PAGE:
Bishop for Armed Services, Federal Ministries to Visit Rochester
ROCHESTER - The Rt. Rev. James B. “Jay” Magness, Episcopal Bishop Suffragan for the Armed Services and Federal Ministries, will visit Rochester on May 22 and 23, 2013. During his visit, there will be at least two opportunities for members of the community and clergy to talk with Bishop Magness about ministries for veterans and prisoners.
Interfaith Discussion: Helping Veterans Find Hope
Open to the public
May 22, 2013 at 6 p.m.
Christ Church Parish Hall, 141 East Ave., Rochester, NY 14604 - Parking in lot south of church on Lawn St. (accessible from Chestnut St.)
Veterans face many challenges in returning from deployment. Join Bishop Jay Magness and members of the ecumenical and interfaith communities for a discussion of how to help veterans find hope through our faith traditions. Through his work as Episcopal Bishop Suffragan for the Armed Services and Federal Ministries, Bishop Magness has built considerable expertise in reaching out to veterans and active duty personnel in an interfaith context. This discussion and brainstorming session will help give your place of worship ideas for reaching out to veterans through mission and ministry.
Clergy Discussion: Lunch & Learn with Bishop Magness
Open to all Episcopal & ELCA clergy
May 23, 2013 at noon
Zion Episcopal Church, 10 Park Place, Avon, NY 14414 - Street Parking
Episcopal and ELCA members of the clergy are invited to join the Rt. Rev. Jay Magness, Episcopal Bishop Suffragan for the Armed Services and Federal Ministries, for a Lunch & Learn discussion. Many parishes have members impacted by military service and incarceration, but clergy don’t always have the tools to serve and minister to these congregants. This is a great opportunity to talk with Bishop Magness about his experience and to learn new ways to reach out to these members of Christ’s body.
For more information about these events, contact Matthew Townsend at email@example.com.
About Bishop Magness
In March 2010, the House of Bishops of The Episcopal Church elected Magness to be the VI Bishop Suffragan for the Armed Services and Federal Ministries. In June 2010 at Washington National Cathedral, he was consecrated by the Most Rev. Katharine Jefferts Schori as a Bishop to serve this episcopacy. Bishop Magness’ span of responsibility is for Episcopal chaplains and their congregations in the Department of Defense, the Department of Veterans Affairs and the Federal Bureau of Prisons. Most recently, in January 2012 Bishop Magness was seated by the Presiding Bishop as Canon for Federal Ministries at Washington National Cathedral. Currently he serves as a member of the Committee for Anglican International Peace and Justice.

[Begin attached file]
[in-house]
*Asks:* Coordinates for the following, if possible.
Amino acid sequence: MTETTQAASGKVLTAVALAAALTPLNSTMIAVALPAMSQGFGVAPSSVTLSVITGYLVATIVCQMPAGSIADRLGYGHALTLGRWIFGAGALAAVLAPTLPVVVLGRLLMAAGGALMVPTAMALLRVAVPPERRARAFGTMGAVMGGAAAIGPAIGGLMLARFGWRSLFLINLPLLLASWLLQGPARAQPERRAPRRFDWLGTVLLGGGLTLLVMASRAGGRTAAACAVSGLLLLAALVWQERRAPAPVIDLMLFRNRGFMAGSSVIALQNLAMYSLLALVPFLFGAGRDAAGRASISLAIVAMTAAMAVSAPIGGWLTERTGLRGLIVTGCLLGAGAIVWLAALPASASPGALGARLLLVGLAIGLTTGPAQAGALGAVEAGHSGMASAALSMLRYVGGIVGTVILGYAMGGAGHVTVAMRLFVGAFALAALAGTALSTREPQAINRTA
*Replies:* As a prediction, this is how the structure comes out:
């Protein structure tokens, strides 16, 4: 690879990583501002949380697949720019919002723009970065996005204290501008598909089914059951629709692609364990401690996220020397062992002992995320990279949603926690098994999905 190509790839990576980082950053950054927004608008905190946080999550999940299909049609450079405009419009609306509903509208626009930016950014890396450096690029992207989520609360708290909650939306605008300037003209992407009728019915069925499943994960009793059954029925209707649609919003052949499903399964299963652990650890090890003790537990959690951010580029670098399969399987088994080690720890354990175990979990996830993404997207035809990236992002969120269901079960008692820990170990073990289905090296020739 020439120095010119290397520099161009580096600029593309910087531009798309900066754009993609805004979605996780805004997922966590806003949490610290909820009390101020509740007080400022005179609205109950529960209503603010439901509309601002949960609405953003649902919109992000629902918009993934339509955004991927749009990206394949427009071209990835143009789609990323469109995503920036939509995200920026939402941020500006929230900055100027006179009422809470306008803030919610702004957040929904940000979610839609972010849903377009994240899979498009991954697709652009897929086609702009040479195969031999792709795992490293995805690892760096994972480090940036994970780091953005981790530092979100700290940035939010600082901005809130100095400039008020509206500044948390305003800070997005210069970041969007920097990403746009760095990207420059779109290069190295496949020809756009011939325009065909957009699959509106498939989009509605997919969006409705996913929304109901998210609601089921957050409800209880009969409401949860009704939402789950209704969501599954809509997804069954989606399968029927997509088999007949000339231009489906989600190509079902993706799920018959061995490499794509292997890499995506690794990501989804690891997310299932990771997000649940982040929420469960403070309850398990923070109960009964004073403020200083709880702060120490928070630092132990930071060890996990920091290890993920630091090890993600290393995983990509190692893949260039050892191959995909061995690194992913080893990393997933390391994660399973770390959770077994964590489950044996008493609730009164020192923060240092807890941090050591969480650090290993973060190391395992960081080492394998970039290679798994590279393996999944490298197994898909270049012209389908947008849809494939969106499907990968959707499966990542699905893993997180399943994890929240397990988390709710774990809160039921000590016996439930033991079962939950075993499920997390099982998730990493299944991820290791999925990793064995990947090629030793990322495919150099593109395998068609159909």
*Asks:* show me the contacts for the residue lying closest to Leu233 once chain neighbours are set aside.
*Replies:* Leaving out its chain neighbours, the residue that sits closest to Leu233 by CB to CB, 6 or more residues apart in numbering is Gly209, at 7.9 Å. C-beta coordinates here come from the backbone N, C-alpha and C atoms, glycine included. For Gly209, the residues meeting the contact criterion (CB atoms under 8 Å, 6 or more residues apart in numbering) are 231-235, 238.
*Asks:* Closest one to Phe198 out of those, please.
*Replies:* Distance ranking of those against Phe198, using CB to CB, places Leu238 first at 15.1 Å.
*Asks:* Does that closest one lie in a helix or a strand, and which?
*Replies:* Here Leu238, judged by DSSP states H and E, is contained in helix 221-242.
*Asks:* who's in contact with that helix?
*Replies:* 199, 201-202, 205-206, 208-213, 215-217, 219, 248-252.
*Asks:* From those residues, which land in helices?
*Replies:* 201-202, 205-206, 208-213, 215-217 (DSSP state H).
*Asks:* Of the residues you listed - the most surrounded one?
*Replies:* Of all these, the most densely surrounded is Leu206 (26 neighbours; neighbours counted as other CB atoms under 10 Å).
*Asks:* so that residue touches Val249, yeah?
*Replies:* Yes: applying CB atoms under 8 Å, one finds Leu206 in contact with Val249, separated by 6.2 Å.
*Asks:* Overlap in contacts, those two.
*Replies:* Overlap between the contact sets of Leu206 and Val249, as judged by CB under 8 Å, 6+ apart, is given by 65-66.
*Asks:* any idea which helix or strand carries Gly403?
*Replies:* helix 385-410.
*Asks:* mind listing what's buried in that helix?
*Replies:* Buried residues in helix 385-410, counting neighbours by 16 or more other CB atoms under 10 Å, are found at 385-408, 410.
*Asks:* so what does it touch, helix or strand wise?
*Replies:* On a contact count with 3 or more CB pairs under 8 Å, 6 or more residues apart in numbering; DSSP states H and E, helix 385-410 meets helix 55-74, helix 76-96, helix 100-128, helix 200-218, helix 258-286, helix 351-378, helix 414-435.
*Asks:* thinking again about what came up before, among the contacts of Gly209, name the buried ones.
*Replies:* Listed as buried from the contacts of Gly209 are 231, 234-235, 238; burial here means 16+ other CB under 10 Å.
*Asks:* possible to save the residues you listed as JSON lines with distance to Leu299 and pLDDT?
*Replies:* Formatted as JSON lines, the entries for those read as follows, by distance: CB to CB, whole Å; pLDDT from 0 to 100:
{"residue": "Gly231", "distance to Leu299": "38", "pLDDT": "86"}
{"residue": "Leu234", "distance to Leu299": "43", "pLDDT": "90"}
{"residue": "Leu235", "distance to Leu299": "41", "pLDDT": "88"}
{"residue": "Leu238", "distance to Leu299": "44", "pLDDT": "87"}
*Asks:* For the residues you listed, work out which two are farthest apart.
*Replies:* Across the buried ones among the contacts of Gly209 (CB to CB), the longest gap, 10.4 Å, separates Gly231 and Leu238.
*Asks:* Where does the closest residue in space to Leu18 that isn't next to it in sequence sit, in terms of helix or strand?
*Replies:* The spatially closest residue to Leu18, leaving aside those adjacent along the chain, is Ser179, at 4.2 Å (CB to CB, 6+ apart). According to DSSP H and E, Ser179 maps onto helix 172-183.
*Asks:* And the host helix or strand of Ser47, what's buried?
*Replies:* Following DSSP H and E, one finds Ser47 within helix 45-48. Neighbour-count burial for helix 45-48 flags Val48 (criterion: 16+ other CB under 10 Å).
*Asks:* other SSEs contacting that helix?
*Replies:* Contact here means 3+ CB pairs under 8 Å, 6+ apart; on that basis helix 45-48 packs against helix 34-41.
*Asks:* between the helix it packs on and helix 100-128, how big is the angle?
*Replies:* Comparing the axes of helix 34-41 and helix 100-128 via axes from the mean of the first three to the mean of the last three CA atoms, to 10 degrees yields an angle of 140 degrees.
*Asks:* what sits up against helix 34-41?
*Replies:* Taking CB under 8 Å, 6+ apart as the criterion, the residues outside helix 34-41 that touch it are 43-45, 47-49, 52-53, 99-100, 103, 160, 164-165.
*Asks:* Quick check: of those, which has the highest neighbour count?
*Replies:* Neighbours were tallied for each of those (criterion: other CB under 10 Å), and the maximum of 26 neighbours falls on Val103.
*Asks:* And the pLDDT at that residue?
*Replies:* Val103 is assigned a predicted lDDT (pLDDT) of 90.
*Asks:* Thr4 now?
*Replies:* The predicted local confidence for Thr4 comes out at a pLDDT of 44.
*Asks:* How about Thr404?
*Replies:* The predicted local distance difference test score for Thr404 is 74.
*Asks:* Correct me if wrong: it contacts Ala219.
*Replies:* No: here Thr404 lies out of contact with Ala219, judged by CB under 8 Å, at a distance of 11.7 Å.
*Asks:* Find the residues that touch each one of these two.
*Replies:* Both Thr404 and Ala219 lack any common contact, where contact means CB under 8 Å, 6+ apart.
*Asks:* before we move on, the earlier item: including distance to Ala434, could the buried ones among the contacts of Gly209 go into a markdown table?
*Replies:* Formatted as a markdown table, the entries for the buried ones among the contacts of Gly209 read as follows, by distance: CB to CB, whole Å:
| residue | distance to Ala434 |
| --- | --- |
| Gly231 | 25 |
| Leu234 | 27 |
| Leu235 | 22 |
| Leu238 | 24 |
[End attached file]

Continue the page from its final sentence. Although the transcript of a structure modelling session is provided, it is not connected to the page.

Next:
At the time of his election he was serving in the Diocese of Southern Virginia as the Bishop’s Canon for Mission and Diocesan Administration in the Diocese of Southern Virginia, Norfolk, VA. Prior to that in 2007, Bishop Magness had been called to be the rector interim for Galilee Episcopal Church, Virginia Beach, VA. In this position he provided pastoral and transitional leadership to a parish of over 1,200 members, enabling them to create a new and healthy vision for their future. In 2004, Bishop Magness joined the Diocese of Kentucky as the Bishop’s Canon to the Ordinary. His duties were to assist his Bishop as the director of diocesan staff, deployment/transition officer and diocesan operating officer.
Bishop Magness retired from the U.S. Navy in 2003 in the rank of Captain, serving as command chaplain of U.S. Joint Forces Command and Fleet Chaplain for the U.S. Fleet Forces Command. Prior to those assignments, from 1997 to 2000 he was on the Navy Chief of Chaplains’ staff working as personnel manager of the Navy Chaplain Corps. Serving as a Navy chaplain, however, was not his initial career plan. Bishop Magness first joined the Navy as an enlisted person in 1966. During his enlisted service he served aboard three Navy ships and spent one year serving with a forward ashore logistics command in the northernmost port of South Vietnam.